What Actually Is Petr Cech’s New Role at Chelsea?

What Actually Is Petr Cech’s New Role at Chelsea?

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Cast a glance in the direction of the Stamford
Bridge press box on match days this season and there is a decent chance you’ll spot
Petr Cech. Chelsea’s new technical and performance adviser has taken a liking to the media’s
vantage point, situated a matter of yards behind the dugouts deep in the East Stand’s
lower tier. Against Valencia in September, he could be
seen shifting uncomfortably in his seat, trying to kick every ball with Frank Lampard’s
team as their Champions League campaign began with a defeat. But when he wants a different view of proceedings,
Cech is not short of options. Sometimes he watches from the TV gantry high up in the
East Stand, on occasions the other side of the ground, alongside chief executive Marina
Granovskaia in a West Stand box. Working closely with Granovskaia is key for
Cech, whose wordy job title was explained only in rather abstract terms when his long-awaited
return to the club was announced in June. “The focus of the job will be to provide
advice on all football and performance matters throughout the club as well as embed and facilitate
strong links between our men’s and academy teams, ensuring that the various support departments
are working together effectively,” read Chelsea’s statement. What does that actually mean in practice? Cech is still feeling his way in his new role
but a core routine has already emerged in his first few months back at Cobham. The former
goalkeeper watches the first team play home and away, sitting in the directors’ box
with Chelsea executives for the latter. Working from an office at the training ground, he
also watches every development squad game and talks regularly to academy staff as well
as the scouting, analysis and loan departments. Based on those conversations, he then relays
information and technical advice to Granovskaia. Dealing with transfer targets and agents remains
the remit of Granovskaia, who maintains ultimate decision-making power over day-to-day football
operations on behalf of owner Roman Abramovich. Cech does have a seat at the table when it
comes to personnel discussions – which, due to the transfer ban, at present consist
mainly of which players are to be sold or loaned out – but his voice provides counsel
rather than final judgement. On the whole, Cech’s job is more inwardly
focused, relaying information and support to make sure the different technical departments
are aligned. His office is across the corridor from Lampard’s and the old team-mates speak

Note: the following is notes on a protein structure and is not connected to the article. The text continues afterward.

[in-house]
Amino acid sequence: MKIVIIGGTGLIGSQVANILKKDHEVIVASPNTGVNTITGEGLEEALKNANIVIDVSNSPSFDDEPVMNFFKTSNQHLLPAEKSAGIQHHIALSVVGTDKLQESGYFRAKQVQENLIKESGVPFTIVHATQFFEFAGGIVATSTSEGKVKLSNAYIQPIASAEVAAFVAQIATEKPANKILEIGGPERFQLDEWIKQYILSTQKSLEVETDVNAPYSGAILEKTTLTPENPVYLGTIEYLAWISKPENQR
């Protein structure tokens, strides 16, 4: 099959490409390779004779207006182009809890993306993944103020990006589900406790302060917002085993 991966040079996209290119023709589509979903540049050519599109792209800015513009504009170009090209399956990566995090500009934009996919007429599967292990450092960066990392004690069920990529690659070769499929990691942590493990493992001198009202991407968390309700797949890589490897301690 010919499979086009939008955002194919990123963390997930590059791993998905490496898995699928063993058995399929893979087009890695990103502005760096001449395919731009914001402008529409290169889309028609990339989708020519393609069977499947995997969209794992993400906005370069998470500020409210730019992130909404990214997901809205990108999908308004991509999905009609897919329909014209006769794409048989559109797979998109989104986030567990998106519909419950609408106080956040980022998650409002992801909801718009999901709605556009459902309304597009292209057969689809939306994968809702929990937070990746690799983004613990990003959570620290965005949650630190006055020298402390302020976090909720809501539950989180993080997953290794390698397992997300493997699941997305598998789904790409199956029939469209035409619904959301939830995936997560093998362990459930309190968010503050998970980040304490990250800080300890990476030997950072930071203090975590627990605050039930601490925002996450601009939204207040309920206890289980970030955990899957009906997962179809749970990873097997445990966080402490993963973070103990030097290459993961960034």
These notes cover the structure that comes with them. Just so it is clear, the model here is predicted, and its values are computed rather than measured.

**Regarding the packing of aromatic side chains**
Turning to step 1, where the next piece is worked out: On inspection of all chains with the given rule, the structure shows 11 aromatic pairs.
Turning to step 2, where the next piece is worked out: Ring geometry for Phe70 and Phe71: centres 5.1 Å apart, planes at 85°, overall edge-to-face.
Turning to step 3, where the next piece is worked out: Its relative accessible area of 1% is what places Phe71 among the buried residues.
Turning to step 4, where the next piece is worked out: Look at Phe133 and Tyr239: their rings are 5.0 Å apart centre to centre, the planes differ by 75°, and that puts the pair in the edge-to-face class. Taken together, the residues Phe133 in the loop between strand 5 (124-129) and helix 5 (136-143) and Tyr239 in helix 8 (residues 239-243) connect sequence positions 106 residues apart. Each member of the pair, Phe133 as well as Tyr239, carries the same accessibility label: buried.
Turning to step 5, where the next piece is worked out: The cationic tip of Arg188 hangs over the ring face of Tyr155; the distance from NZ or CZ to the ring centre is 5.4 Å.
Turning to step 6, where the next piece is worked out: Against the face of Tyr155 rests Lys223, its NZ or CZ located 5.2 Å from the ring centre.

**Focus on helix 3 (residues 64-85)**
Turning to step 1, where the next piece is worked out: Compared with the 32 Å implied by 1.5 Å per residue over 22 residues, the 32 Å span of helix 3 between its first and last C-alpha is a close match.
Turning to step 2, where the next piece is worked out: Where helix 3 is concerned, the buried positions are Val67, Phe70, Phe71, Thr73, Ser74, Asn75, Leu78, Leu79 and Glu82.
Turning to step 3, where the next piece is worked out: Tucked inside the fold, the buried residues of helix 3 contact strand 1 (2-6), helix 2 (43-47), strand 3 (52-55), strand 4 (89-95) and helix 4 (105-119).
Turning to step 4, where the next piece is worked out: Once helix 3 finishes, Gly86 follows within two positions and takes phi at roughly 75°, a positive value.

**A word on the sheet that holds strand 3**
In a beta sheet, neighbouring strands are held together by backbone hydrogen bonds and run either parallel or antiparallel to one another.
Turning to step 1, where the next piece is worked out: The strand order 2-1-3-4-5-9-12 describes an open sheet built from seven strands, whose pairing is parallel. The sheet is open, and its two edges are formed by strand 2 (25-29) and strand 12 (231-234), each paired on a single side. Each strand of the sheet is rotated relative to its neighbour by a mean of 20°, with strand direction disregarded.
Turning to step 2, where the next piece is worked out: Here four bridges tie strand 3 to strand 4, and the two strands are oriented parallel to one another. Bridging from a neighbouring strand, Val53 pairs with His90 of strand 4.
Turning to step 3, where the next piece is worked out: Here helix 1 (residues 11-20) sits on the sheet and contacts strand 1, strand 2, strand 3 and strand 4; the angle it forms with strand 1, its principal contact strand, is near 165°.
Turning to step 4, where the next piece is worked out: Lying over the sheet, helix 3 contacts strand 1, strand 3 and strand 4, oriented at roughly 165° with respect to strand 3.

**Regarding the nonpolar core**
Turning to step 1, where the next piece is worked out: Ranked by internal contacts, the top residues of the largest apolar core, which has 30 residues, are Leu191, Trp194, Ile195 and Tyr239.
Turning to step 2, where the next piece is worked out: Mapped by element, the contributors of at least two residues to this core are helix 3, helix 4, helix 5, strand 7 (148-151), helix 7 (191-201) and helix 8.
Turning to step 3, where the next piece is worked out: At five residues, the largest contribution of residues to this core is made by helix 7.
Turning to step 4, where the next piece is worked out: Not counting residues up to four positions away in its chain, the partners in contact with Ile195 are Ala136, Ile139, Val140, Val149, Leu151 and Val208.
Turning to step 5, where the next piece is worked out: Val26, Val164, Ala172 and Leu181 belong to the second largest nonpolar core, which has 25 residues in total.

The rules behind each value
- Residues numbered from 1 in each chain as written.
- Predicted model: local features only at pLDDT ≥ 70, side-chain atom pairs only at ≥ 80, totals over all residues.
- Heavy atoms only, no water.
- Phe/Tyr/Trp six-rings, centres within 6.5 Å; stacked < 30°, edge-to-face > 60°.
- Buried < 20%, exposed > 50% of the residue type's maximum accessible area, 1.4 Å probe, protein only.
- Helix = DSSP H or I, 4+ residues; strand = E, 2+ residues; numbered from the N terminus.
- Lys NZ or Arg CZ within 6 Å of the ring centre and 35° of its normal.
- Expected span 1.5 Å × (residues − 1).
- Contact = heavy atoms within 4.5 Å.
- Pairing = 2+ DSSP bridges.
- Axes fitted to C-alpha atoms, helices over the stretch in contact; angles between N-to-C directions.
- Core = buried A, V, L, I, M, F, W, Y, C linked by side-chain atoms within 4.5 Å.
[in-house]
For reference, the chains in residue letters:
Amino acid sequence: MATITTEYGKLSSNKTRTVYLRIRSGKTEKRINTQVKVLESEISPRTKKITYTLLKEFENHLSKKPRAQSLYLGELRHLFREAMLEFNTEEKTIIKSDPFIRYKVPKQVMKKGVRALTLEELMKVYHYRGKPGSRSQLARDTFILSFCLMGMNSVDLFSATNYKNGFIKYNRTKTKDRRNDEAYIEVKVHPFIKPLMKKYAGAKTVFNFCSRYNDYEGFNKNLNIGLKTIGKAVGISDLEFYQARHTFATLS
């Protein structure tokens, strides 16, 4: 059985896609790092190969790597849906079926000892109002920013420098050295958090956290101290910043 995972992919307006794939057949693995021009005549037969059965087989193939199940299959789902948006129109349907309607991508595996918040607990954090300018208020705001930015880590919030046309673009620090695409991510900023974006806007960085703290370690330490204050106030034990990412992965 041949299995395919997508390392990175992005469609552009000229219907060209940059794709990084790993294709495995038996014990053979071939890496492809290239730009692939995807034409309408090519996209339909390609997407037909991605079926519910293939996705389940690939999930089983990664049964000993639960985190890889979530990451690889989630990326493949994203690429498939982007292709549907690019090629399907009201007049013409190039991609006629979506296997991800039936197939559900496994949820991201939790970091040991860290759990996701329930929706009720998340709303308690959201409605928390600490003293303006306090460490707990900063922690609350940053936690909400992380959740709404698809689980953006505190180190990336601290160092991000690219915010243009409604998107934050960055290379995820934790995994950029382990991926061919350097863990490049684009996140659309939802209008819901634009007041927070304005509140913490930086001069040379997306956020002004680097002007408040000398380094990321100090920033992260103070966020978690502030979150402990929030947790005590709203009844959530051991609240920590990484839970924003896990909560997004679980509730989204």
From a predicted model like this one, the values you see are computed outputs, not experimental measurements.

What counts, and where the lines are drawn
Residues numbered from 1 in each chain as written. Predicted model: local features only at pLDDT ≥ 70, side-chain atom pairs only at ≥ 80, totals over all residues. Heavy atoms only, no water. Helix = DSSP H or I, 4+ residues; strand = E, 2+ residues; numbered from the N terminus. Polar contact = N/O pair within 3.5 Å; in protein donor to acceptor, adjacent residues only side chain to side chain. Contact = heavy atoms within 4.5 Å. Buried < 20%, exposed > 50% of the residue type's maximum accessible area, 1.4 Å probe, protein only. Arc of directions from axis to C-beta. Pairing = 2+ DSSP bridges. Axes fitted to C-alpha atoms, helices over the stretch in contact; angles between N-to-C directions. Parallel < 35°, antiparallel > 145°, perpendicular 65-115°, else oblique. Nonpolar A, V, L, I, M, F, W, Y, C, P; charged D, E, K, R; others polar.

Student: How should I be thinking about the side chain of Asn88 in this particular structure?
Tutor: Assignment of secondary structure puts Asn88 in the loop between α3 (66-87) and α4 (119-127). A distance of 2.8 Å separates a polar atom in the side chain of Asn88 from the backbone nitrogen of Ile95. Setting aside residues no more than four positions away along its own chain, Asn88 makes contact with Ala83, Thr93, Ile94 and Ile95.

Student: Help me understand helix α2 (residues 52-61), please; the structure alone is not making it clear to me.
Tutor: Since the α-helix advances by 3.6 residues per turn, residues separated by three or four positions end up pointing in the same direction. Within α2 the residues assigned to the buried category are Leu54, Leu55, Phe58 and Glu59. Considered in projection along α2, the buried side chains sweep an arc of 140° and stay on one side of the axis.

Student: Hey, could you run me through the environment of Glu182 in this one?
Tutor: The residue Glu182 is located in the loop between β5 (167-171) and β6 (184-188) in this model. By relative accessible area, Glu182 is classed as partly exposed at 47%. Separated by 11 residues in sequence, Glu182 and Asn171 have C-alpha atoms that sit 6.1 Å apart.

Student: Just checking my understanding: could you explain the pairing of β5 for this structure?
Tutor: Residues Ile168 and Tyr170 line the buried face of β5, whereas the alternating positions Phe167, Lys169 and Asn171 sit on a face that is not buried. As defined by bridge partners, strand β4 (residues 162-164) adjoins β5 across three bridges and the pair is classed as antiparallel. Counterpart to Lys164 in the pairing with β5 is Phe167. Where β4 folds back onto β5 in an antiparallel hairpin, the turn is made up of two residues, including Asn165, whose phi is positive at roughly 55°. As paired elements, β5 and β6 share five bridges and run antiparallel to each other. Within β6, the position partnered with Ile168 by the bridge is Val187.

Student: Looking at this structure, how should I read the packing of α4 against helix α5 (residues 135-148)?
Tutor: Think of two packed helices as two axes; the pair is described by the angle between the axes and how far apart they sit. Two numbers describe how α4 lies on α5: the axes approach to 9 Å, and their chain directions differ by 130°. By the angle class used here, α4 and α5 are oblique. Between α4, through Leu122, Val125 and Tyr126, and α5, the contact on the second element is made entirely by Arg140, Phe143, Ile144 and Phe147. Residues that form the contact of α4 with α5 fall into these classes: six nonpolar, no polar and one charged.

often, with Cech a daily observer of first-team training. Some of these are the same responsibilities
once held by Michael Emenalo but, as the different job title indicates, Cech is not a like-for-like
replacement. He does not have his own network of transfer contacts and does not directly
manage anyone at Cobham – his primary function is to act as the glue that binds everyone
together. Those at the club also insist Cech is not
there to act as a buffer between the manager and the board, as Emenalo sometimes did, most
notably when ‘palpable discord’ reigned under Jose Mourinho and relations with Antonio
Conte grew strained and toxic. Lampard has his own long-standing relationship with Abramovich
and gets on well with Granovskaia, talking to her most days. His recruitment was an entirely separate process
to Lampard’s appointment as manager, but the deep friendship and trust between the
two men has helped both quickly settle into their new jobs. One of Emenalo’s strengths was his ability
to build and maintain positive relationships with people at all levels of the club. Cech’s
likeable personality and his intelligence – both intellectual and emotional – made
him a natural candidate to assume some of the same responsibilities, and he was identified
as suitable for this kind of job before he ever left to play for Arsenal in summer 2015. Few players are afforded the kind of private
audience with Abramovich that Cech was granted when he voiced his desire to join Arsenal
during a meeting at the Russian’s London residence, and the fact his wish was respected
– in spite of Mourinho making clear his opposition to the move in public and private
– underlined the rare level of esteem in which he was held by the owner. Emenalo’s resignation in November 2017 took
Chelsea by surprise, and the club reflected for more than a year on how best to replace
him, or whether to replace him at all. Michael Ballack and Juliano Belletti were
among the illustrious former Chelsea players linked but, once the new technical structure
was decided, Cech was the standout choice. Abramovich and Granovskaia preferred to wait
until he retired as a player than consider other candidates who might be available sooner. Abramovich has always been keen for the legends
of Chelsea’s greatest era to be kept in the fold and preferably on the payroll, provided
suitable jobs can be found. The scenario he has always wanted to avoid is best summed
up by the post-retirement path of Patrick Vieira, an undeniable Arsenal legend who became
more associated with Manchester City after being denied a coaching pathway in north London
by Arsene Wenger. The decision to appoint Lampard as head coach